Harper's Young People, December 16, 1879
Various. Harper's Young People, December 16, 1879
ONE TOUCH OF NATURE
THE POCKET BLOW-PIPE
THE BRAVE SWISS BOY
THE WEASEL AND THE FROGS
THE HISTORY OF PHOTOGEN AND NYCTERIS
THE MOTHER SINGS SOFTLY TO HERSELF:
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Stand erect, with the chin turned a little up. Draw through the nose all the air you can, till your chest is brimful. Now place in the mouth a piece of clay pipe stem, say an inch long, and blow through it as long and hard as you can, as if you were trying to blow out a flame.
Well, what does this do? Try a few whiffs, and see. If not used to it, at first it may make you feel dull, perhaps dizzy. But this soon wears off, and you find that a few minutes of this lung-filling now and then through the day is working wonders. The chest seems to be actually growing larger; and it really is, for you are stretching out every corner of it. But the heart and stomach – indeed, about all the vital organs – feel the new pressure, and better digestion, brisker circulation, and a warmer and very comfortable feeling over the whole body are among the results. M – , an oil-broker in New York, says that at thirty-six he had a weak voice, stood slouched over and inerect, was troubled with catarrh, and knew too well what it was to have the stomach and bowels work imperfectly. Most people can not inflate the chest so as to increase its girth over two inches. By steady practice at his little pipe, he in about a year got so that he could inflate five whole inches. But now his chest is noticeably round and full, and he is as straight a man as any in a dozen. His weak voice has gone; indeed, he says he has the strongest voice of any in a choir in which he now sings. The catarrh has left, while his stomach is simply doing nobly. The fuller veins in his hands and the swifter reaction when he bathes tell that his circulation is also stronger and quicker than formerly, while he has a general health and buoyancy to which he had long been a stranger. These are surely wonderful changes in a man of his age, and in that brief time, and each change is plainly for the better. Not only do his friends remark it, but he delights in telling all who will listen. A lady friend, following his example, found her angular shoulders and indifferent chest fast improving in a way most gratifying. A friend, at our suggestion – one of the fastest half-mile runners in America, by-the-way – tried the pipe. In five weeks of faithful practice he so enlarged his chest that when his lungs were full he could scarcely button his vest. He says that in severe running he finds his throat and bronchial tubes do not tire as easily as before, but are tough and equal to their work, and so help him to more sustained effort.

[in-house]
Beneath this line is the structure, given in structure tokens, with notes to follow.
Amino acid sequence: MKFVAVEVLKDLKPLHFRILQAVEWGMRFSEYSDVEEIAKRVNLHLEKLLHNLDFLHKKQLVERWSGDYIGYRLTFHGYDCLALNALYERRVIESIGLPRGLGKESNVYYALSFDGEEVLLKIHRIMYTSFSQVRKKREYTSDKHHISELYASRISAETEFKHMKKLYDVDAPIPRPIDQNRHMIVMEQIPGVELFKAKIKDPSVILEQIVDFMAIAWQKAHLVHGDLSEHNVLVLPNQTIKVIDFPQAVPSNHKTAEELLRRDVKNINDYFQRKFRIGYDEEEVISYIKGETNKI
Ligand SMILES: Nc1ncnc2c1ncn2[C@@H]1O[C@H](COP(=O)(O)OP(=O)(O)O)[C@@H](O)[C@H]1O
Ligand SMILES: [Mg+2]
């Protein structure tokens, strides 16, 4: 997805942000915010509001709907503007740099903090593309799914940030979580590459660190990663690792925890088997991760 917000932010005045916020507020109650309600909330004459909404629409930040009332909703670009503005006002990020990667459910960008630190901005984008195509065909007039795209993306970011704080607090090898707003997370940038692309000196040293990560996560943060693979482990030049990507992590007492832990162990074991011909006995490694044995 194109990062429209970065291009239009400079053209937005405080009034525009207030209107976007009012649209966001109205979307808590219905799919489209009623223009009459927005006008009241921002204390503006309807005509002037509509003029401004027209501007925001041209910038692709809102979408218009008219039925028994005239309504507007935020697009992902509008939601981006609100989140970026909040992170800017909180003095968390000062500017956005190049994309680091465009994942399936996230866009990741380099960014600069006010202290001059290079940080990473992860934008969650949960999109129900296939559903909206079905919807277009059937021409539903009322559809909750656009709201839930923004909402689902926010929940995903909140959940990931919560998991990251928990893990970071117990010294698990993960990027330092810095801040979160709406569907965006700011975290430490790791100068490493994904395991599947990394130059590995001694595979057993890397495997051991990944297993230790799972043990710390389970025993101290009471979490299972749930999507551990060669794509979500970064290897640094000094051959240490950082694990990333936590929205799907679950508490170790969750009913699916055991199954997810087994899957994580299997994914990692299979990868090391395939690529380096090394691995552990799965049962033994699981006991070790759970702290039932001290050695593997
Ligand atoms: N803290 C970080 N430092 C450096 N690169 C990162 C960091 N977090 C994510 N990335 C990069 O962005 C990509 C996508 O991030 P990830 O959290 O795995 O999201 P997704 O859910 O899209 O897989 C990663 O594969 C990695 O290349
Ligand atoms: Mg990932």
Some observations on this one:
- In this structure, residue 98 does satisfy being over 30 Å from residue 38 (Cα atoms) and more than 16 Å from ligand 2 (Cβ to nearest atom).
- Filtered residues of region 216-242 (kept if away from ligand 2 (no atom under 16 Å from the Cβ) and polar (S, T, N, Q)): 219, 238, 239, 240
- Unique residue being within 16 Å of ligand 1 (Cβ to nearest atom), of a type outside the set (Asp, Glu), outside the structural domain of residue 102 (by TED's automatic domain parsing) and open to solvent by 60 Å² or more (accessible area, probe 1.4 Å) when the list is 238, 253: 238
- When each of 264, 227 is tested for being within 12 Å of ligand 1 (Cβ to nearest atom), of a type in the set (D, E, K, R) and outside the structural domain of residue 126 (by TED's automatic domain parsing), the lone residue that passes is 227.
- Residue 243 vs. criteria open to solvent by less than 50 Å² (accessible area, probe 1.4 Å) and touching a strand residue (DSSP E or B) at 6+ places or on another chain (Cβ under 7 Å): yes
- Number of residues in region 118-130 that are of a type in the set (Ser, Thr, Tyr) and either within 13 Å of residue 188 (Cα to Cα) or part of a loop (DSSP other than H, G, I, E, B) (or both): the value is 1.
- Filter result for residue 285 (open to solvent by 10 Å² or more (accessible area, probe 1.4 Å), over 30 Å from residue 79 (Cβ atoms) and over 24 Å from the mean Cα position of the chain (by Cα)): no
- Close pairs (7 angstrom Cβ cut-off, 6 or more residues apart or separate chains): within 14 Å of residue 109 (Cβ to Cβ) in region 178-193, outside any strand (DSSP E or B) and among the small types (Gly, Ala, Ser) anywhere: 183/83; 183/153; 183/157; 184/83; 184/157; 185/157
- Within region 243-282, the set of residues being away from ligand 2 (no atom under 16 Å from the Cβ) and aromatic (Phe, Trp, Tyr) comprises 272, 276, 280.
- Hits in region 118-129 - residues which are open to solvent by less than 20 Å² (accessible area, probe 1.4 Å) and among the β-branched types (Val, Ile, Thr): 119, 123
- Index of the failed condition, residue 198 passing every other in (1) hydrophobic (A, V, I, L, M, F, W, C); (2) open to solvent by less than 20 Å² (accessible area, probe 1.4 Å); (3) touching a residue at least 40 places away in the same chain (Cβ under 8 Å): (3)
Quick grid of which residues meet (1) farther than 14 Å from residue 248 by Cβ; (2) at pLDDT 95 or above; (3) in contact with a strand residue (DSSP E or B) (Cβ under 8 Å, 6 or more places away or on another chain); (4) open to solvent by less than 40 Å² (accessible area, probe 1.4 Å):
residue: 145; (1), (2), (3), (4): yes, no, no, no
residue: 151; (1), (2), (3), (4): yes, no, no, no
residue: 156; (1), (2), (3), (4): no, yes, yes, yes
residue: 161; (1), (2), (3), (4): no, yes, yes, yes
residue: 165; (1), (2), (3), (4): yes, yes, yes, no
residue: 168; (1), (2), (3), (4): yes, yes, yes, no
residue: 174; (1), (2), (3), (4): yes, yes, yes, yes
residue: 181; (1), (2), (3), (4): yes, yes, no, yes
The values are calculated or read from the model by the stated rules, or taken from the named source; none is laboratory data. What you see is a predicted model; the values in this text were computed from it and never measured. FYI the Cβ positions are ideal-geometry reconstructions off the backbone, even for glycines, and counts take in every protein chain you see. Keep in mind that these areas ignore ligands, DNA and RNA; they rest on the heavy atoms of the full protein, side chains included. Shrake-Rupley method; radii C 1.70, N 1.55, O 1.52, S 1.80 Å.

Walter's fears were fully confirmed. He sank into a chair, and gave way to an outburst of indignation.
"Don't trouble yourself about being left alone," said André; "your friend told me last night that he would be sure to return to-morrow, and has given me orders to let you have everything you ask for."